How it started. Part 2.

In my case, I have never been to a film or video game school, so designing unmemory is, above all, an act of courage. Or unconsciousness, depending on how you look at it. I had never designed a game or written a book before. Well, that’s not entirely true. Although I hadn’t written a book, I had written a few advertising commercials. And I had also designed “games”. For example, many years ago, to launch a rum with pirate imagery called Orbucán, we designed a real treasure hunt. People had to discover the clues in print ads to find it. We also designed a geocaching game and some online advergames for the launch of some PlayStation games. The truth is that we had never done anything as serious as a unmemory. 


The closest I got to making a game was with an idea of ​​geolocated combat. It was called Mattachine and it was a game based on the story of a war between time travelers and aliens. It was designed for mobile: it determined by your fingerprint whether you were a traveler or an alien and from that moment on you had to fight to finish off the enemy. Your device detected other devices and automatically sent an attack warning, an invitation to a duel. The idea may or may not have been good. The fact is that a few months after thinking about the development, Ingress appeared. And then Pokémon Go. So we decided it was best to quit.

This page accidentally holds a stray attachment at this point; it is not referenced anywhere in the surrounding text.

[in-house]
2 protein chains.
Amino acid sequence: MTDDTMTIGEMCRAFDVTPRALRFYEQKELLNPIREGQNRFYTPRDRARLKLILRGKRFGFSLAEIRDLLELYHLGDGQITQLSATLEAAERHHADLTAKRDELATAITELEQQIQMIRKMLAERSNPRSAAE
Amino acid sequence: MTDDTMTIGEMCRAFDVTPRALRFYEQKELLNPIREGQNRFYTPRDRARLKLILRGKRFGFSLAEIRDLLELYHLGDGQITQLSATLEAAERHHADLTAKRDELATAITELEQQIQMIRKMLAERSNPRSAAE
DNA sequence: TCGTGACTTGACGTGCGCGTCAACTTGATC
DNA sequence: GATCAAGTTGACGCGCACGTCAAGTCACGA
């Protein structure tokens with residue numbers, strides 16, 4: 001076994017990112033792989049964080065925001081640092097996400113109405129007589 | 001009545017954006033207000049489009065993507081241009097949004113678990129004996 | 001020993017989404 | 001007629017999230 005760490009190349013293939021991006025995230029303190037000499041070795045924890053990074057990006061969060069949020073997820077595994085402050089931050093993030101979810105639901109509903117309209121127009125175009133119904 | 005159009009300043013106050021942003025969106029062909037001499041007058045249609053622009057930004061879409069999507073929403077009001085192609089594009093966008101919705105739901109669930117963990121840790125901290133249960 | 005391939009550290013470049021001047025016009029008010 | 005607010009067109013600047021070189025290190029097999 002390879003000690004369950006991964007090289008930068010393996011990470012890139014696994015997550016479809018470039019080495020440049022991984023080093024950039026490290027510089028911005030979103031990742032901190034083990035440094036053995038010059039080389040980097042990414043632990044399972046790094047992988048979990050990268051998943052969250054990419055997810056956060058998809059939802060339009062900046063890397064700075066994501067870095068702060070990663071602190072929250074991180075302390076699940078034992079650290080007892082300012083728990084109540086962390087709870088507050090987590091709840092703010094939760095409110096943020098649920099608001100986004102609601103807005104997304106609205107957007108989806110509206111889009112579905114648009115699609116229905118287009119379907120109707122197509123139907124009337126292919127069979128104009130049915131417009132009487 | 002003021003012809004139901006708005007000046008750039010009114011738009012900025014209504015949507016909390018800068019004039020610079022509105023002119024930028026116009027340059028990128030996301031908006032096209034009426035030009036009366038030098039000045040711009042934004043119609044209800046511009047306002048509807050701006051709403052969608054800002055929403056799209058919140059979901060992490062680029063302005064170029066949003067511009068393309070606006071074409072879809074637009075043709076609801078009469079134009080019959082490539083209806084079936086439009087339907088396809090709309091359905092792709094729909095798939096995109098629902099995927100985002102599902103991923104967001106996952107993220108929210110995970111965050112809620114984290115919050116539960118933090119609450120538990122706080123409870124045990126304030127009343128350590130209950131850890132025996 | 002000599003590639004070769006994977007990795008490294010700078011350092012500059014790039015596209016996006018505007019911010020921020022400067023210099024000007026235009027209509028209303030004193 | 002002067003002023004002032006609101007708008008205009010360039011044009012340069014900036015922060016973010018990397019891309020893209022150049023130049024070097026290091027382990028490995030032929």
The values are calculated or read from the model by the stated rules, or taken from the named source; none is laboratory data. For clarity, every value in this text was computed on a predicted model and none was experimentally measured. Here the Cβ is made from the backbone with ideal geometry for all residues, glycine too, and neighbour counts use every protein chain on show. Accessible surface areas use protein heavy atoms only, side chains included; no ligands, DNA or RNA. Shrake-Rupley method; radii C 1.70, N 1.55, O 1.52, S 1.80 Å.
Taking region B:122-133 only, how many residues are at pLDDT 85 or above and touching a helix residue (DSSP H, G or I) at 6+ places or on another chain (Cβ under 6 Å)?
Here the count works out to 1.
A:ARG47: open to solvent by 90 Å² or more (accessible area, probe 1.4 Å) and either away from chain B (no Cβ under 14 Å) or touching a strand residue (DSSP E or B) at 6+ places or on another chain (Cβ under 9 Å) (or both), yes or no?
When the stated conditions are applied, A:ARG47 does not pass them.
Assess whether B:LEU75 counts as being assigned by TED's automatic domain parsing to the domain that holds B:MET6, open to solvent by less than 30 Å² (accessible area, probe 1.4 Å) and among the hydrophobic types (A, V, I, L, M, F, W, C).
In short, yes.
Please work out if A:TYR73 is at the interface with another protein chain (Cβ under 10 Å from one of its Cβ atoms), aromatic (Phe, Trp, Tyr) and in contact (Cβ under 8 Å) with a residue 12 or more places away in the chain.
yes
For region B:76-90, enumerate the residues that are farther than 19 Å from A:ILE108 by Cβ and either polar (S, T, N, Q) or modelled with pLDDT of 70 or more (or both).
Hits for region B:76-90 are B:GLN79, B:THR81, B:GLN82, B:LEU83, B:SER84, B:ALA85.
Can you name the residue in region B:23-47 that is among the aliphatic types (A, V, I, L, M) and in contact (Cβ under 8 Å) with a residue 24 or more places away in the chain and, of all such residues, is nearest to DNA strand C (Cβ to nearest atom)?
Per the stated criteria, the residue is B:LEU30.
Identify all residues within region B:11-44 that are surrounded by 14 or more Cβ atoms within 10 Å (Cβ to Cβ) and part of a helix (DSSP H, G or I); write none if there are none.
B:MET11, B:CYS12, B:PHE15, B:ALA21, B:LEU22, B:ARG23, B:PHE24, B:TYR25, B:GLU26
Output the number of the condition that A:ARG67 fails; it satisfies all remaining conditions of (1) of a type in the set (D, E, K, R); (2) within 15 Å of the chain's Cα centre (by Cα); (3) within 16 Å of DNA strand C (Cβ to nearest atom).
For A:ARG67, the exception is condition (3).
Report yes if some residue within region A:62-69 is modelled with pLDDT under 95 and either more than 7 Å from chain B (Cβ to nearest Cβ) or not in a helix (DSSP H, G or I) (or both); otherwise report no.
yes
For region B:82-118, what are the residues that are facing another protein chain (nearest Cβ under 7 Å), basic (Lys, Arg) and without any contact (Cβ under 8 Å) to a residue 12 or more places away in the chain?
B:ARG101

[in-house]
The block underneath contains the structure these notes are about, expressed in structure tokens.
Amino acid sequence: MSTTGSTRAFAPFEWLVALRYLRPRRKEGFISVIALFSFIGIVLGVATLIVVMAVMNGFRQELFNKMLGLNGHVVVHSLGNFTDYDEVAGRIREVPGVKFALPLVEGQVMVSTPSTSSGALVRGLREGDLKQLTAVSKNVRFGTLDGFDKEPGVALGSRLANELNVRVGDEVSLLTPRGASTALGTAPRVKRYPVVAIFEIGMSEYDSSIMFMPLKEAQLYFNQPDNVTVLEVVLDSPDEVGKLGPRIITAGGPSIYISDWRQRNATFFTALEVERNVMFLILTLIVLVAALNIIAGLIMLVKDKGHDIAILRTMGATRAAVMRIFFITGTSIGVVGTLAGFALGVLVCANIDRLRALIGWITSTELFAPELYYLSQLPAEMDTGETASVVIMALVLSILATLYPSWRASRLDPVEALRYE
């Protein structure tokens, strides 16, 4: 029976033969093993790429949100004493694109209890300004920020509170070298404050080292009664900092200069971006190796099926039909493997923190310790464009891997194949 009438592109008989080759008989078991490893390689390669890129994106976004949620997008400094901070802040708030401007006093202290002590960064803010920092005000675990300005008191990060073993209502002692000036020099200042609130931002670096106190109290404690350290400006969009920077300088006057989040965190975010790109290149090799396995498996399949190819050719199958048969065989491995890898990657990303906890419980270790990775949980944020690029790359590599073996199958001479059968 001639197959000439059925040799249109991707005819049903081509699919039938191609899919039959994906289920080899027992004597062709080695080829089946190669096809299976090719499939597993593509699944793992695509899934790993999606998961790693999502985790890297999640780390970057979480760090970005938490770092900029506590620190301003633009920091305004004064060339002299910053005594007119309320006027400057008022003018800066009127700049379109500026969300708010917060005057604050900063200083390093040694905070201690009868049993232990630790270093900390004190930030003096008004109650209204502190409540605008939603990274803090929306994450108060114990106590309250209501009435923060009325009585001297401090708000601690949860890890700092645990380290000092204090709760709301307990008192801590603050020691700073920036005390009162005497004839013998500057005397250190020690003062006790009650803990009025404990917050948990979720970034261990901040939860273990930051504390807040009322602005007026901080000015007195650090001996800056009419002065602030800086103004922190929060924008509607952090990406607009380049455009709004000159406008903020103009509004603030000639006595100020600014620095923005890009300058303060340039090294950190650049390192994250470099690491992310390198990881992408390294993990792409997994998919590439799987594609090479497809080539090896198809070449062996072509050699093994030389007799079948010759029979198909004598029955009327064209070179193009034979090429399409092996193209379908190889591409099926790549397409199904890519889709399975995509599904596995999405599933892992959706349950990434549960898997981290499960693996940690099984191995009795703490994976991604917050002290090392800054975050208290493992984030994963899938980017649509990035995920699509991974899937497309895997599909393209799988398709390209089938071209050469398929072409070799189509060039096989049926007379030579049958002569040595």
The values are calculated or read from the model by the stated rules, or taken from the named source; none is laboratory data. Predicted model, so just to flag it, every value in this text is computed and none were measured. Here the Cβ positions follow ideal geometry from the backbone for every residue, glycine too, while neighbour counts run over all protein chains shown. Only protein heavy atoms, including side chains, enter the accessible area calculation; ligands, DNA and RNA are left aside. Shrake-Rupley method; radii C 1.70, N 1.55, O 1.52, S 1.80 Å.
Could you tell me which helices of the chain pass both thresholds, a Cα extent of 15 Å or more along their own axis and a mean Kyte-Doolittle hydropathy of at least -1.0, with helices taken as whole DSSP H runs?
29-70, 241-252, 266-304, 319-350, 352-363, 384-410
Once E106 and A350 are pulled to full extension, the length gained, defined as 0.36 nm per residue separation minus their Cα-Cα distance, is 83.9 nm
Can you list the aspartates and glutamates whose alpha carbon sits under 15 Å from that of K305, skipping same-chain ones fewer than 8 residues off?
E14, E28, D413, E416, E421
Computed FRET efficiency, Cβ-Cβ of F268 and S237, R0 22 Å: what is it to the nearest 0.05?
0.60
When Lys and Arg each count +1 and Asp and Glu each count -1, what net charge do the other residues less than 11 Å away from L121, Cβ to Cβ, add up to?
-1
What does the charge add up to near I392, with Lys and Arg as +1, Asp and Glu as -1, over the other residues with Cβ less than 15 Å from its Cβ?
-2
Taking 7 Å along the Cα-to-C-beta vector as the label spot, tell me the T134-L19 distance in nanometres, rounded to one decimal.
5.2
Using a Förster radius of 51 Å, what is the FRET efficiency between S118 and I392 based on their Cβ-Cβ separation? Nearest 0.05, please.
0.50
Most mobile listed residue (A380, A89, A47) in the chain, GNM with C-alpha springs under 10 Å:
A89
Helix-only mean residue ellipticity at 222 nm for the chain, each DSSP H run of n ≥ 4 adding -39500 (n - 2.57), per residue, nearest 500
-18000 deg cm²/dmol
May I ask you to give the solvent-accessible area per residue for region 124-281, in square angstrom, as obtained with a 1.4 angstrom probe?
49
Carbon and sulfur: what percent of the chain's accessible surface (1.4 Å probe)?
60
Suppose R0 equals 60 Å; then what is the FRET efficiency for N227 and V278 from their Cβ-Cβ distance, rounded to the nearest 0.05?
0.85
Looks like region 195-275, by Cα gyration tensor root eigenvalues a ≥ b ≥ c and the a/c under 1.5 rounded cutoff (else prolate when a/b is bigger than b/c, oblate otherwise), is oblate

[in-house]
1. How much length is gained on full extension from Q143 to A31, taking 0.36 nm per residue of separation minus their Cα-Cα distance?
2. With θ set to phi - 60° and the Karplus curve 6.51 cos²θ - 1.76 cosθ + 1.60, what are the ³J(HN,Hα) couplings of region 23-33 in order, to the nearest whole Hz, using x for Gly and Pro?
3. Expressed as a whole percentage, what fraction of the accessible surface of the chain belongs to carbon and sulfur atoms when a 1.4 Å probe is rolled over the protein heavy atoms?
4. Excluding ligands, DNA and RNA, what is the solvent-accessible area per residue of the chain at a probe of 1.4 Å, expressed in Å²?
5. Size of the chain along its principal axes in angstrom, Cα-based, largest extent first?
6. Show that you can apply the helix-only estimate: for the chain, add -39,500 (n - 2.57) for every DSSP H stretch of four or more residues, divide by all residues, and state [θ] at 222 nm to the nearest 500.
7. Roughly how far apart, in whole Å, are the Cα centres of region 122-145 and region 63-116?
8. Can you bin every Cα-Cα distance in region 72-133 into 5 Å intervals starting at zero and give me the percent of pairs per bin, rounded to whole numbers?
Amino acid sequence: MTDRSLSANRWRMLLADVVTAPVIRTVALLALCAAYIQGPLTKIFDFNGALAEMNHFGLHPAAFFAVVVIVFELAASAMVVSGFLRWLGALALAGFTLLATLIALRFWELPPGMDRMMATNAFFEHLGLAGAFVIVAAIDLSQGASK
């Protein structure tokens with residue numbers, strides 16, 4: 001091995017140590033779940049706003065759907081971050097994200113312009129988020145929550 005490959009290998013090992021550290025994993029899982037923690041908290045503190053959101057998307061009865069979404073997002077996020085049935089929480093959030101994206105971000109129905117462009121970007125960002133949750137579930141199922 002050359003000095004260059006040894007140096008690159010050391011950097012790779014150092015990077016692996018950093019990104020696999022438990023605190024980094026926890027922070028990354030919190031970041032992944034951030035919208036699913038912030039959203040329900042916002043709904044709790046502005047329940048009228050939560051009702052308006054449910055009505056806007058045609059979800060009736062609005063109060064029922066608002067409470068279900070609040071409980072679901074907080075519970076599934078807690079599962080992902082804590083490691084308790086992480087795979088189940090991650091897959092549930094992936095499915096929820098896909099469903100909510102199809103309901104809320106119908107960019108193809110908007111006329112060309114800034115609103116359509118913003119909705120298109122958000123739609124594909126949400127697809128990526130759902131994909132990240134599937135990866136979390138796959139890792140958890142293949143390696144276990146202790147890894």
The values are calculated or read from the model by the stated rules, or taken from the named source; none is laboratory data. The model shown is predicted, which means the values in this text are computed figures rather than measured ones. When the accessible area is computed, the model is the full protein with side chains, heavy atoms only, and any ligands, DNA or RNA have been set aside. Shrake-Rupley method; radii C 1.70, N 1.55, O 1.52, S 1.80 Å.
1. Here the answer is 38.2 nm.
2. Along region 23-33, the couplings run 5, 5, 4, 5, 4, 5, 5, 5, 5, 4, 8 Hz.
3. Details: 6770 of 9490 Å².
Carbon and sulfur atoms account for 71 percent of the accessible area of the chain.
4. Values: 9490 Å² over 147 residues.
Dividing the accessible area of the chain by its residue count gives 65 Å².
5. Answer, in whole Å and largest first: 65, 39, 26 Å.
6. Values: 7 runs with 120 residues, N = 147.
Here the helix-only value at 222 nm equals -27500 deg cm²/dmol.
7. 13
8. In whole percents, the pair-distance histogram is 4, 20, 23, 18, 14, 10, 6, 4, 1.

In short, I start designing unmemory with much more desire and passion than experience. And there are two things that help me from the first moment:

First, think that unmemory doesn’t have to be the best game (or book) ever. It might be a necessary step to learn about the industry but also to discover if I have the skills and if it makes sense to dedicate myself to it. That takes away tons of anxiety and fear. To this day, I still sometimes remind myself of it: even if unmemory is not be as good as it could, it is totally worth the effort, just because of what you learn in the process.

The second thing that relieves me, is admitting that I don’t have to do it alone. Maybe because all these years of developing complex advertising campaigns, I’ve come to learn that if you surround yourself with a good team you can undertake more ambitious projects. At the beginning I feel sort of ashamed admitting that I’ve never made video games. But soon I observe, it is a stimulus to find the best team with which to make a unmemory come true.

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